Nathan Currier's Variations is described as "more difficult" and seemingly "too long at almost 34 minutes." It repeatedly quotes as a theme a song from Binchois, "De plus en plus", sounding like a Brahms lullaby. The piece also shows the influence of Bartok's Contrasts.[9]

Husa's Trio Setting [W22], commissioned by the Verdehr Trio in 1981, showcases each instrument in one movement and has been described by William Crutchfield as, "standout...with its sure sense of climax and dramatic variety in the instrumental handling."[10]

Musgrave's Pierrot

Thea Musgrave's Pierrot was commissioned by the Verdehr Trio and first performed in Istanbul, Turkey, in 1986. Consistent with Musgrave's earlier work, such as her Second Chamber Concerto (1966), Clarinet Concerto (1967), and Space Play (1974), Pierrot is highly programmatic and the score contains indications for stage locations, lighting plots, and movements. The score to Pierrot is printed so that parts may be extracted so as to facilitate the movements of the players so as to ensure successful performance of these optional stage directions.

Musgrave cites Debussy's "La Sérénade interrompue" (Préludes, Bk. 1) as the "starting point for this work", a highly appropriate fit given the featuring of interrupted serenades as part of a commedia dell'arte love triangle. They appear to share little beyond the aesthetic concept of interruption, the relative tonal plans of the serenades (Bb minor and D major in Debussy and A minor and Db major in Musgrave), and the V13 chord built on E serves as an interruption in both pieces. In the Musgrave the V13 first creates somewhat of a half cadence in A minor and later jarringly intrudes in the more remote Db major context of the Harlequin's serenade.[11].

Rorem describes Pierrot as a "charmer, purposefully virtuosic, and visual in the sense that each instrument represents a character: clarinet Columbine, violin Pierrot, piano Harlequin."[8]

Concertos

Clarinet-violin-piano concertos have been commissioned by Verdehr from Buhr, David, Ott, Skrowaczewski, and Wallace. They have also commissioned violin-clarinet double concertos from James Niblock, William Wallace, Dinos Constantinides, Paul Chihara, Ian Krouse and Richard Mills.[2]

Composers of clarinet-violin-piano trios

(This is an incomplete list.)

  • Edward Manukyan
    • Trio for clarinet, violin and piano (2007)
  • Gian Carlo Menotti
    • Trio for Clarinet, Violin and Piano (1996)
  • Darius Milhaud
    • Suite for clarinet, violin and piano Op.157b (1936)
  • Denis Pousseur
    • Le Silence du Futur for clarinet, violin and piano (1992/93)
  • Manel Ribera
  • Ned Rorem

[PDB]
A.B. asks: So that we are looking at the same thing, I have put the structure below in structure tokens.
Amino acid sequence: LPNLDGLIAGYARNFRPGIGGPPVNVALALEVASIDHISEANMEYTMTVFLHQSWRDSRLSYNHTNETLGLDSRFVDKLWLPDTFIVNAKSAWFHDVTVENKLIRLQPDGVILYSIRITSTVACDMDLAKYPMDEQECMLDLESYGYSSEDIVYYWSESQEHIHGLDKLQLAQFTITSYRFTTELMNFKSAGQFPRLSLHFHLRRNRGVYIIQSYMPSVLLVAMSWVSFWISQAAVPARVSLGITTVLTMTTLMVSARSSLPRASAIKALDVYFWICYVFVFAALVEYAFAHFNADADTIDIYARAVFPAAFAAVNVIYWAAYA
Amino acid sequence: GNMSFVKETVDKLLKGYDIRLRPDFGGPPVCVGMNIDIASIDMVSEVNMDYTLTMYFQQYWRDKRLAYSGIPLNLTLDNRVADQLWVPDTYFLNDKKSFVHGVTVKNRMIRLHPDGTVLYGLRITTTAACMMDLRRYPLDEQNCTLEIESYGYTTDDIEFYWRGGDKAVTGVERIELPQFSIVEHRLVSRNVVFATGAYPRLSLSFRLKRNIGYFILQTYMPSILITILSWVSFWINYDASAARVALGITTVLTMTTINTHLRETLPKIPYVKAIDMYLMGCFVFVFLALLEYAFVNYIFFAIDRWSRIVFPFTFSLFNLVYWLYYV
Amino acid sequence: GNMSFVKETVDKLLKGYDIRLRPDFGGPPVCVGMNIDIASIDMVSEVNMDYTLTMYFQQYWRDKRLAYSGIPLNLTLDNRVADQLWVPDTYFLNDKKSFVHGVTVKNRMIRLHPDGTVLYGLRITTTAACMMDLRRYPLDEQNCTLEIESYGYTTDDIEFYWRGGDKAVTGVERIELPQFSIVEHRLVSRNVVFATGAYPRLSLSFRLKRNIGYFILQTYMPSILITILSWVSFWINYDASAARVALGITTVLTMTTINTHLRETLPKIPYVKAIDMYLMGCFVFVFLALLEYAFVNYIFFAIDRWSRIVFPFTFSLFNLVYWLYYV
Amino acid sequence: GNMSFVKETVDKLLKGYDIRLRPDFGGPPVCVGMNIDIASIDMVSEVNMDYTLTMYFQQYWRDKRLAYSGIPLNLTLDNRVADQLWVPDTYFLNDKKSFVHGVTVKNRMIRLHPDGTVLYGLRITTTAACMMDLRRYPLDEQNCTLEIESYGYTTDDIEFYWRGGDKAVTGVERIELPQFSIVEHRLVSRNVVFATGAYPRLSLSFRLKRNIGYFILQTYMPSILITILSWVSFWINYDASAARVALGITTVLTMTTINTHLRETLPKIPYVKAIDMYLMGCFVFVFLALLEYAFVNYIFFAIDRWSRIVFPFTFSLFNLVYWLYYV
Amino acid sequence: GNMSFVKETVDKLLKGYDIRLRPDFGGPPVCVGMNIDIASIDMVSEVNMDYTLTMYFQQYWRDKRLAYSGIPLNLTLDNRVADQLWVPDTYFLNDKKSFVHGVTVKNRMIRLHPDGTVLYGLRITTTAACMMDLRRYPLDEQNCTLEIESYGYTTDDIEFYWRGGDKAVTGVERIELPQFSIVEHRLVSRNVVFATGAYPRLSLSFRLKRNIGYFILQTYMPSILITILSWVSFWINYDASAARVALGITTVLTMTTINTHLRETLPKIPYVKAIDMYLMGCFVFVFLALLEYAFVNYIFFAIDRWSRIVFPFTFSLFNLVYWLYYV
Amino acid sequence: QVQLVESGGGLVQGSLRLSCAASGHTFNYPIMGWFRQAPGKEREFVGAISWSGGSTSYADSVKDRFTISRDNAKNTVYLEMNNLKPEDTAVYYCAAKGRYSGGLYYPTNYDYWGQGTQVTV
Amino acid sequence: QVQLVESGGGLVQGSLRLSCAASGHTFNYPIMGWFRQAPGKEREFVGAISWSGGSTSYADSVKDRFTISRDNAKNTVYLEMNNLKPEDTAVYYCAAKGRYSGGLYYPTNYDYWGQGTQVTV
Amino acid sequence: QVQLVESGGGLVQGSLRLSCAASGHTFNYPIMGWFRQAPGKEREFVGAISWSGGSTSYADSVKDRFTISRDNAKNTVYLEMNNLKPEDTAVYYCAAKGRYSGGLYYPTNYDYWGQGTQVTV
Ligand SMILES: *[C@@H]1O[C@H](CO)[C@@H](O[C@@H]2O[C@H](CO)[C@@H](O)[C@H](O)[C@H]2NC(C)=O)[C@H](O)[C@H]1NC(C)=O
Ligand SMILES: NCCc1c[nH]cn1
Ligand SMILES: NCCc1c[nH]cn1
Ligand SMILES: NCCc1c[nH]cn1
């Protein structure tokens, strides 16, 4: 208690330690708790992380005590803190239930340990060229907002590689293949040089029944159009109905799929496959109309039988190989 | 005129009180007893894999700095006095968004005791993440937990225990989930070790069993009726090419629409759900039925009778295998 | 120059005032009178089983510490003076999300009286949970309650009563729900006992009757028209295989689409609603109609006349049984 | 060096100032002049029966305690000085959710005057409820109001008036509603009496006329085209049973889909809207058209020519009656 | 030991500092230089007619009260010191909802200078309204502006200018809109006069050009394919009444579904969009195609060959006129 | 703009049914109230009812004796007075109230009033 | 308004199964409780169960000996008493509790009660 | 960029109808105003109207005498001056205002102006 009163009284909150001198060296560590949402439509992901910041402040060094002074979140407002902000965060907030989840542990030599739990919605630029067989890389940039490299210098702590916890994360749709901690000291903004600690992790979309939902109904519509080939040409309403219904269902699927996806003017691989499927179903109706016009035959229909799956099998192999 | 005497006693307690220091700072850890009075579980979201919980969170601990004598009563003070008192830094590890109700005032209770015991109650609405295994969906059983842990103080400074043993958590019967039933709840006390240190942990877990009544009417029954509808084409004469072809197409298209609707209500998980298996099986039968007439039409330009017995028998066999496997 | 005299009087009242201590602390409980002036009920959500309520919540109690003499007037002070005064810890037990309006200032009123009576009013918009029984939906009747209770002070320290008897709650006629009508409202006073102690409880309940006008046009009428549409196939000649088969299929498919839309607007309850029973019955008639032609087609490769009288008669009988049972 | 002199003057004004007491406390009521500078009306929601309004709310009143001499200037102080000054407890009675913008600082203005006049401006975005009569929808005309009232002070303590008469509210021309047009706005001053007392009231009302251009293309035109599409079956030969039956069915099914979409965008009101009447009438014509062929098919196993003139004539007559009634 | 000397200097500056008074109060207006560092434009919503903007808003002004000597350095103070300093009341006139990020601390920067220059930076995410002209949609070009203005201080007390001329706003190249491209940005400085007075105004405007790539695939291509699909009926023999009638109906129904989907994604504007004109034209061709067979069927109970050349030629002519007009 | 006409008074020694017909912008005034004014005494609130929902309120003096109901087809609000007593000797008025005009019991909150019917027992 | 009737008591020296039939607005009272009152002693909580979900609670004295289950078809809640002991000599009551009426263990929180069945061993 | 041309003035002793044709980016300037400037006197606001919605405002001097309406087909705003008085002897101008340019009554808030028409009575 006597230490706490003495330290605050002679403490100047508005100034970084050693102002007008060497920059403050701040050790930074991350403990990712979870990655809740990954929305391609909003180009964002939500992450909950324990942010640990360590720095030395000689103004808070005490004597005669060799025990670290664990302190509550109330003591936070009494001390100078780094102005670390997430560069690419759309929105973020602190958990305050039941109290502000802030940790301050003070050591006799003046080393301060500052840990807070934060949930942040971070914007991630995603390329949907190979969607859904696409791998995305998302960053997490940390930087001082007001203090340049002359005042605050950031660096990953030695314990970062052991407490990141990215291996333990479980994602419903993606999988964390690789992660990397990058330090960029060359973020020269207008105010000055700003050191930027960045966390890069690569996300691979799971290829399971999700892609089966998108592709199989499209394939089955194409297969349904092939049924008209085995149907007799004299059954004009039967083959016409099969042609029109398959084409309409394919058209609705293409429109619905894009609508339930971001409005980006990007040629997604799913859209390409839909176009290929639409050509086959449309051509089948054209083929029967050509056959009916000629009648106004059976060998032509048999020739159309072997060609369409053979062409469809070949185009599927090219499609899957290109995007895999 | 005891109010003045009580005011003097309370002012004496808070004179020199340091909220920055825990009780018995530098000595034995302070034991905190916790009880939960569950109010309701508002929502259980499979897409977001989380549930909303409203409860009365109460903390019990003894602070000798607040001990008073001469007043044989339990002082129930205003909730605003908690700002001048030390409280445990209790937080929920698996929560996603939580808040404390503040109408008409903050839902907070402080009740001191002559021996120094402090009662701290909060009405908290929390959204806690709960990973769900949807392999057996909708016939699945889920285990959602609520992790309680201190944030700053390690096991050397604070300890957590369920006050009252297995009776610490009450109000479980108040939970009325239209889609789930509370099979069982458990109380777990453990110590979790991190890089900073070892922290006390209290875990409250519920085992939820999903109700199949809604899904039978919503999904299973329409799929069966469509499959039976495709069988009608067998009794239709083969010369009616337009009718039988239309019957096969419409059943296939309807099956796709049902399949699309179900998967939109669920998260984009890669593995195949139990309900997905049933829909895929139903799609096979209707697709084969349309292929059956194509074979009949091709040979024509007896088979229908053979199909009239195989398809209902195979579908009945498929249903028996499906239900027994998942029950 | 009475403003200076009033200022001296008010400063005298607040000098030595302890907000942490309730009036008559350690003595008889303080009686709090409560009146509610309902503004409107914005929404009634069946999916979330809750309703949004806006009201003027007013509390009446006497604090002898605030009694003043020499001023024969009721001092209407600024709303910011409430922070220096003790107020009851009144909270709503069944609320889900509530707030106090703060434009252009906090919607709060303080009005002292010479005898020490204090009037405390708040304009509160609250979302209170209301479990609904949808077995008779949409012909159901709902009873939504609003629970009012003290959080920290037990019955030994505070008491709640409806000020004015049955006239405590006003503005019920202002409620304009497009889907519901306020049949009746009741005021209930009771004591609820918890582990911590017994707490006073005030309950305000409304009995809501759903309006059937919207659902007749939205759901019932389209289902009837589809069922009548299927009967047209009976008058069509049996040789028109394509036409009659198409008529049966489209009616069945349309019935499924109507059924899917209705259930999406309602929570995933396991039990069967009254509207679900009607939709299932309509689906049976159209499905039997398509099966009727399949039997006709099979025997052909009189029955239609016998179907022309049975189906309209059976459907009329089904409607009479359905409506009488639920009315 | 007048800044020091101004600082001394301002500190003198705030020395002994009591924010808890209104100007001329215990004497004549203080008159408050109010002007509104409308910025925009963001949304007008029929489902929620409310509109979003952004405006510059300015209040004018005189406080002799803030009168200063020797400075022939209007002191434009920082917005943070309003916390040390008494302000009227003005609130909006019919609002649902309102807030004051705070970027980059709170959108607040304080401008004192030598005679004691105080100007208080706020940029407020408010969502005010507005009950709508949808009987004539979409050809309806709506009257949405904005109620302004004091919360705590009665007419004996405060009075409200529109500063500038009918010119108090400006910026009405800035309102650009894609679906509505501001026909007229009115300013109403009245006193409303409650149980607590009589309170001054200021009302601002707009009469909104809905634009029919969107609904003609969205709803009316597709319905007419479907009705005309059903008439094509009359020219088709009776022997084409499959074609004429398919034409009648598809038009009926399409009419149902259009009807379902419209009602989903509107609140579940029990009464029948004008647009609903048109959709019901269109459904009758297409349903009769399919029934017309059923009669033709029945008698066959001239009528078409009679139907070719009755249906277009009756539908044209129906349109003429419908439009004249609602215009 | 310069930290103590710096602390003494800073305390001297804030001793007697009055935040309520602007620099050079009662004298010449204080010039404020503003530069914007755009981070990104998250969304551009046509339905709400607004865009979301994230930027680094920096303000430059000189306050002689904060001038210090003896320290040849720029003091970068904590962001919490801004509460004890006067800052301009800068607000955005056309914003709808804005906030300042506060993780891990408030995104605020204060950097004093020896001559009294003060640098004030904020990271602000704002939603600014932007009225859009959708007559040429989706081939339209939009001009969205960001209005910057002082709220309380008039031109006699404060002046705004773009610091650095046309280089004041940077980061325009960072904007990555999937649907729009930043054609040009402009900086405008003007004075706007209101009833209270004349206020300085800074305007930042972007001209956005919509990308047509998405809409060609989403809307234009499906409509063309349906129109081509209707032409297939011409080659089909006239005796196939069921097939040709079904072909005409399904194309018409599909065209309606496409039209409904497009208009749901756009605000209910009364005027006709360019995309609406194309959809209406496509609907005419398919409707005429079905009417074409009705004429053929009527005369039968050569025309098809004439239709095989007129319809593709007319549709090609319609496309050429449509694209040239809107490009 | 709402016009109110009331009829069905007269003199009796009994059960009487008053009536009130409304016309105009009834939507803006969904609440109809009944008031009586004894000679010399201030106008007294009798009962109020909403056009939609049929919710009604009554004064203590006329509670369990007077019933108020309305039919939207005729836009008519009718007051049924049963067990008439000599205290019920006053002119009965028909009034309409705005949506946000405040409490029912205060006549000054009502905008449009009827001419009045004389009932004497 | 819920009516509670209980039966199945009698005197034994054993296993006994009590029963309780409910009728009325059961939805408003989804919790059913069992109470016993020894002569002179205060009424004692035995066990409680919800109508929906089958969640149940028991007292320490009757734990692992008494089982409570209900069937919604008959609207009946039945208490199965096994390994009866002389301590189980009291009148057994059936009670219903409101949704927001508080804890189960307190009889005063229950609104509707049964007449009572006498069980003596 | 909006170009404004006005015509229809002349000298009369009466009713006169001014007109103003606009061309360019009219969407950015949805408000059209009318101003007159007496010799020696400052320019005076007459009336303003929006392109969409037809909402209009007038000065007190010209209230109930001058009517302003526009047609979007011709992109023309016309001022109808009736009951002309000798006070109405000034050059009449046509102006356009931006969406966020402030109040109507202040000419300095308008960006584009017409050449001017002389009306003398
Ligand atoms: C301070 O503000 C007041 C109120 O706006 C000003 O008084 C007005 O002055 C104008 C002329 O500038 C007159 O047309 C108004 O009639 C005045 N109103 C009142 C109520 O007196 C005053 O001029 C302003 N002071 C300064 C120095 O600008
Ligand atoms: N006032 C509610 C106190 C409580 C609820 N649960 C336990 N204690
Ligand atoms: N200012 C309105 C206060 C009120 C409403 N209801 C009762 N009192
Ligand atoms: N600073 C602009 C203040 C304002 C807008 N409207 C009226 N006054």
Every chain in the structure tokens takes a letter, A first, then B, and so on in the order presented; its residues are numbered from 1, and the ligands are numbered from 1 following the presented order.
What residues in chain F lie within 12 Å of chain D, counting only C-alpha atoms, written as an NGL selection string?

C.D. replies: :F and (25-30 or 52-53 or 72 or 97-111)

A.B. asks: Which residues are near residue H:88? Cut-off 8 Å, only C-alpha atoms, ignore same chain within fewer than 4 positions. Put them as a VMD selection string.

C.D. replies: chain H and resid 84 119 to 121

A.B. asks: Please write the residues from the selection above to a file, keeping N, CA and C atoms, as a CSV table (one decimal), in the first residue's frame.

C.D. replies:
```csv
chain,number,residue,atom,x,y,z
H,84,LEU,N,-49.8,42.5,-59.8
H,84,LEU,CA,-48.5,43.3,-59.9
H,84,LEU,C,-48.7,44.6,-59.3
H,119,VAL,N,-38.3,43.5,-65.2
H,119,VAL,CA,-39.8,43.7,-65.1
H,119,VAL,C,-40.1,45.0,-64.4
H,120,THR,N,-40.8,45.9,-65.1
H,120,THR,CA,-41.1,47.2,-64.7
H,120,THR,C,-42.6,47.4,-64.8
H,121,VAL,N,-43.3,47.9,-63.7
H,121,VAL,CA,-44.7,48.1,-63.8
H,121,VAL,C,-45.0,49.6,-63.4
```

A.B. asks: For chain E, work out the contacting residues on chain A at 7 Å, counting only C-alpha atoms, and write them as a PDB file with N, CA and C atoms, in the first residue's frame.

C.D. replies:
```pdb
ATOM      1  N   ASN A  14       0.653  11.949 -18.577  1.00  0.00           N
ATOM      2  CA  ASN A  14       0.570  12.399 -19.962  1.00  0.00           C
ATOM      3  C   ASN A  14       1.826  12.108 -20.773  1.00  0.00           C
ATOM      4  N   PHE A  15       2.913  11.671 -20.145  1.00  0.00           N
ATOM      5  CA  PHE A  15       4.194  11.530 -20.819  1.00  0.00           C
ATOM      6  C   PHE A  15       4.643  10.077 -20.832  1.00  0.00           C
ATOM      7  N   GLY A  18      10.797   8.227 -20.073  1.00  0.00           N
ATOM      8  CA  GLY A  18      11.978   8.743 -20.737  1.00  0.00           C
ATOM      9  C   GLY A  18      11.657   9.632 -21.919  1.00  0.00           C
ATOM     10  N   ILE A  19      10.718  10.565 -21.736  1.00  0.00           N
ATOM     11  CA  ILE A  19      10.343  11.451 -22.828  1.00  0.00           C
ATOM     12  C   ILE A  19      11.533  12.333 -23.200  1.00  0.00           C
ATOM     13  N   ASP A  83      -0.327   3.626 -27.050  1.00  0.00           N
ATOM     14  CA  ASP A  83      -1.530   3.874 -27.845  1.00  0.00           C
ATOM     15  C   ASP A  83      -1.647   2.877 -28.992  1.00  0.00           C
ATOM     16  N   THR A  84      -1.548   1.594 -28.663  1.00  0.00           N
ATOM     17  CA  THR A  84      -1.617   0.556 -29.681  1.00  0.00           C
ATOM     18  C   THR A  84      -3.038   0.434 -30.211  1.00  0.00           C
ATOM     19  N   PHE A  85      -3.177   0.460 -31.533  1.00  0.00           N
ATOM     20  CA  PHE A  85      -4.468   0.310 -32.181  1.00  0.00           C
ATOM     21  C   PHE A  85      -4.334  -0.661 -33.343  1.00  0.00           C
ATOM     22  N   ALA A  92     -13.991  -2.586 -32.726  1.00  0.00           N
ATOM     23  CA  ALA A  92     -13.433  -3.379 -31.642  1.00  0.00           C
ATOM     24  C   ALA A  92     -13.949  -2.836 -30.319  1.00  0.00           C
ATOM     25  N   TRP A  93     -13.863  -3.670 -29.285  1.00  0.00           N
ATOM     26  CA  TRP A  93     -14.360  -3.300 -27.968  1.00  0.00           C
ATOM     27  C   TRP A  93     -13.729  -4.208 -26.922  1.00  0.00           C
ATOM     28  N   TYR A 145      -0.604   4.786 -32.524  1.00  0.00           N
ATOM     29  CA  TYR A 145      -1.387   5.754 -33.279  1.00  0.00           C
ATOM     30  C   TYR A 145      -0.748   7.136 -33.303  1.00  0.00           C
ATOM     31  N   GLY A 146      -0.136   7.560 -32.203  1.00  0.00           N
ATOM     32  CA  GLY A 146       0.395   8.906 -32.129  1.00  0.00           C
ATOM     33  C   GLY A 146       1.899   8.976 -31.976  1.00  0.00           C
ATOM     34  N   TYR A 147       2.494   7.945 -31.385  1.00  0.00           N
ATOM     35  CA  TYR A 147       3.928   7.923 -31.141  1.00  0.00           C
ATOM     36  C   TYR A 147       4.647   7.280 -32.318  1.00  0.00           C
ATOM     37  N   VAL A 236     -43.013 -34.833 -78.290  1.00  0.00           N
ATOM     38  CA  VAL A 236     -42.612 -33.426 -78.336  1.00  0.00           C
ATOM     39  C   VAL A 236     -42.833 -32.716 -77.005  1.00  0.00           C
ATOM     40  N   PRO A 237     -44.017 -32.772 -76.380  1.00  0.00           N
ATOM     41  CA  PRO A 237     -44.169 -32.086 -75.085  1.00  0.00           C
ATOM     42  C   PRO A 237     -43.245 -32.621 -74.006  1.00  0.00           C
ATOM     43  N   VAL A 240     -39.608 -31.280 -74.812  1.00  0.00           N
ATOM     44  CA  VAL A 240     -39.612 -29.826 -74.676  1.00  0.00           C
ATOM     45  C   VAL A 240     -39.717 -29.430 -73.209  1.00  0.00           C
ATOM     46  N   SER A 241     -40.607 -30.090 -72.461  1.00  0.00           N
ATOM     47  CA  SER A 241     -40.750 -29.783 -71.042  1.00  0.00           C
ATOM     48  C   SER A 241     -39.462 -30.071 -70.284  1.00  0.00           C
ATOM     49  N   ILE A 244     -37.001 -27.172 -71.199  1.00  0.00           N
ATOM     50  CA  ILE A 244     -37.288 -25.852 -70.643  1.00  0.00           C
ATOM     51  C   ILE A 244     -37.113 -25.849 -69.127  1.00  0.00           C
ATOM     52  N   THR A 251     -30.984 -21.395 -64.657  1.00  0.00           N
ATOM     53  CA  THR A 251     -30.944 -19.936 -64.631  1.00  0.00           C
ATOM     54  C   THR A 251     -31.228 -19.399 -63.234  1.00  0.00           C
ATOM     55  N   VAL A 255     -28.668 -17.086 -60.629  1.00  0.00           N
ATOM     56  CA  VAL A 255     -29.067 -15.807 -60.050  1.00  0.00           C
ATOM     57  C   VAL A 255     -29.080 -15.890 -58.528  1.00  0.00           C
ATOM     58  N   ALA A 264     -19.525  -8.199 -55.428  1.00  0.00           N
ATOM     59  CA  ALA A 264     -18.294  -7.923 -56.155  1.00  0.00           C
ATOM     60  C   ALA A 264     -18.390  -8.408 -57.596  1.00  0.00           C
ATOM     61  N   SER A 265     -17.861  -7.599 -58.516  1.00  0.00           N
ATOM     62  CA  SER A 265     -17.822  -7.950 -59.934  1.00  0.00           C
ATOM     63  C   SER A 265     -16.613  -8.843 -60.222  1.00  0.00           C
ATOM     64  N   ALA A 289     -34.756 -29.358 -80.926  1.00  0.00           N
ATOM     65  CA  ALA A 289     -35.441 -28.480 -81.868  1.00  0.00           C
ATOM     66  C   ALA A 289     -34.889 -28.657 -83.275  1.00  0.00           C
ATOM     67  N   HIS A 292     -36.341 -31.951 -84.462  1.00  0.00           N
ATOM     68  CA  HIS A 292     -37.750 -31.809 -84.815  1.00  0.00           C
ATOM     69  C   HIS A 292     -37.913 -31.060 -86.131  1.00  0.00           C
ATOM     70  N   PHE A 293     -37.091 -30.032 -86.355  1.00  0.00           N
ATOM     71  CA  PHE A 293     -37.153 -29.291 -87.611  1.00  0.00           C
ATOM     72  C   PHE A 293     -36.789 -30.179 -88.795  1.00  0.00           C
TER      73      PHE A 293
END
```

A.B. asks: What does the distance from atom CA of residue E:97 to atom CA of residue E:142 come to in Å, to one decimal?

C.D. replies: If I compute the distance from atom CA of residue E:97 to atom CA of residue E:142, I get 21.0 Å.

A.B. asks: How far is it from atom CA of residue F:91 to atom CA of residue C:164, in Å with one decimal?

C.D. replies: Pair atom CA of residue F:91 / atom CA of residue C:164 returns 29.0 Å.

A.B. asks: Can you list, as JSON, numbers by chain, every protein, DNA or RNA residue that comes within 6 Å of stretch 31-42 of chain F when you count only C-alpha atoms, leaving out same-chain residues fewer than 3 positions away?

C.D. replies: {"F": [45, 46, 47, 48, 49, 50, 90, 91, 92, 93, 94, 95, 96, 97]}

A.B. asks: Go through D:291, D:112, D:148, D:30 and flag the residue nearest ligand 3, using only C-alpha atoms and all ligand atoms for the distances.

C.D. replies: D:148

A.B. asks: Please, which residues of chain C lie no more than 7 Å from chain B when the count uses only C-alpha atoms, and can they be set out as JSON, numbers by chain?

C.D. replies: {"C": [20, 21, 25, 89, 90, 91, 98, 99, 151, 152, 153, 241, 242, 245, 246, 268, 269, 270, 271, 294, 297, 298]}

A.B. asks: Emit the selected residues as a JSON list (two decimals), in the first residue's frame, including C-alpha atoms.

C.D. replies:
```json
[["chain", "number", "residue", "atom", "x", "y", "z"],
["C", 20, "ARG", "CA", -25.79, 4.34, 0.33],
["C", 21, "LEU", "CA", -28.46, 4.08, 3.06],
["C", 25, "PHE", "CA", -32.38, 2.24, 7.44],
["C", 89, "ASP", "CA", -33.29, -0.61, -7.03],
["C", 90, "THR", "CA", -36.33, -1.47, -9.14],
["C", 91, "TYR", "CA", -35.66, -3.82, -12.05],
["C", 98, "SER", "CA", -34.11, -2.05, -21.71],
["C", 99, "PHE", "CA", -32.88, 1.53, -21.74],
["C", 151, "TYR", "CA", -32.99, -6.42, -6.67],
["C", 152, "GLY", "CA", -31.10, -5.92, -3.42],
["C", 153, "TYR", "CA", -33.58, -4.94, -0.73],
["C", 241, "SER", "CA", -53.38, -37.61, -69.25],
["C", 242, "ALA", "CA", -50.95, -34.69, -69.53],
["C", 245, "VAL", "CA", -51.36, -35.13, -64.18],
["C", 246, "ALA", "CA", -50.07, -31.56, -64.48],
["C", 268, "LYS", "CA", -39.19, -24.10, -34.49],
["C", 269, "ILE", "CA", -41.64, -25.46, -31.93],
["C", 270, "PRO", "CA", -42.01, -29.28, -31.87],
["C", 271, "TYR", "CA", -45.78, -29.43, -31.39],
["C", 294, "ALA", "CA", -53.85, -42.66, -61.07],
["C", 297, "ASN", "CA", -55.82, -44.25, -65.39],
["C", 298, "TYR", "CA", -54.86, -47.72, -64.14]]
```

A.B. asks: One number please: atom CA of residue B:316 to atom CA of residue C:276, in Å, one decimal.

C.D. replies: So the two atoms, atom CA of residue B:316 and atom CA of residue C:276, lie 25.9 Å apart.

• End of Summer
  • Peter Scholes
    • Island Songs, clarinet trio (1995)
  • Peter Sculthorpe
    • Dream Tracks
  • Rick Sowash
  • Franklin Stover
    • Trialog, for violin, clarinet, piano (2011)
  • Igor Stravinsky
    • L'histoire du soldat (1918)
  • Johann Baptist Vanhal
    • Trio in E flat, Op. 20, No. 5

Current clarinet-violin-piano trio ensembles

(This is an incomplete list.)

Notes

  1. ^ Porter, Cecelia "Verdehr Trio's Pioneering Path", WashingtonPost.com. Friday, February 22, 2008; Page C04.
  2. ^ a b c d The Verdehr Trio website.
  3. ^ Kárpáti (1981), p.201-207.
  4. ^ E. R. (1943), p. 61.
  5. ^ Seiber (1949), p.28-29.
  6. ^ "Program Notes: Better Unwritten than Unread", Music Educators Journal, Vol. 54, No. 7. (Mar., 1968), pp. 96-97.
  7. ^ Rorem, Ned (2001). Quoted in Gotham Ensemble Plays Ned Rorem, liner notes. Albany Records (2002): Troy 520.
  8. ^ a b Rorem (2002), p.56.
  9. ^ a b Max, Stephen (2008), p.1.
  10. ^ Hitchens (1991), p.14
  11. ^ Carbon (1993), p.X.

Sources

  • Carbon, John. "Pierrot for Violin, Clarinet and Piano by Thea Musgrave", Notes, 2nd Ser., Vol.50, No. 2. (Dec., 1993), pp. 761–762.
  • E. R. (1943) ."Review: Contrasts, for Violin, Clarinet and Piano by Béla Bartók", Music & Letters, Vol. 24, No. 1. (Jan., 1943), p. 61.
  • Hitchens, Susan Hayes (1991). Karel Husa: A Bio-Bibliography. ISBN 0313255857.
  • Kárpáti, János (1981). "Alternative Structures in Bartók's 'Contrasts'", Studia Musicologica Academiae Scientiarum Hungaricae, T. 23, Fasc. 1/4, Centenrio Belae Bartók Sacrum#.
  • Max, Stephen R. "Verdehr Trio 3." American Record Guide 57.n6 (Nov-Dec 1994): 218(1).
  • Rorem (2002). Lies: A Diary: 1986-1999. ISBN 0306811065.
  • Seiber, Mátyás (1949). "Béla Bartók's Chamber Music", Tempo, New Ser., No. 13, Bartók Number‎. (Autumn, 1949), pp. 19–31.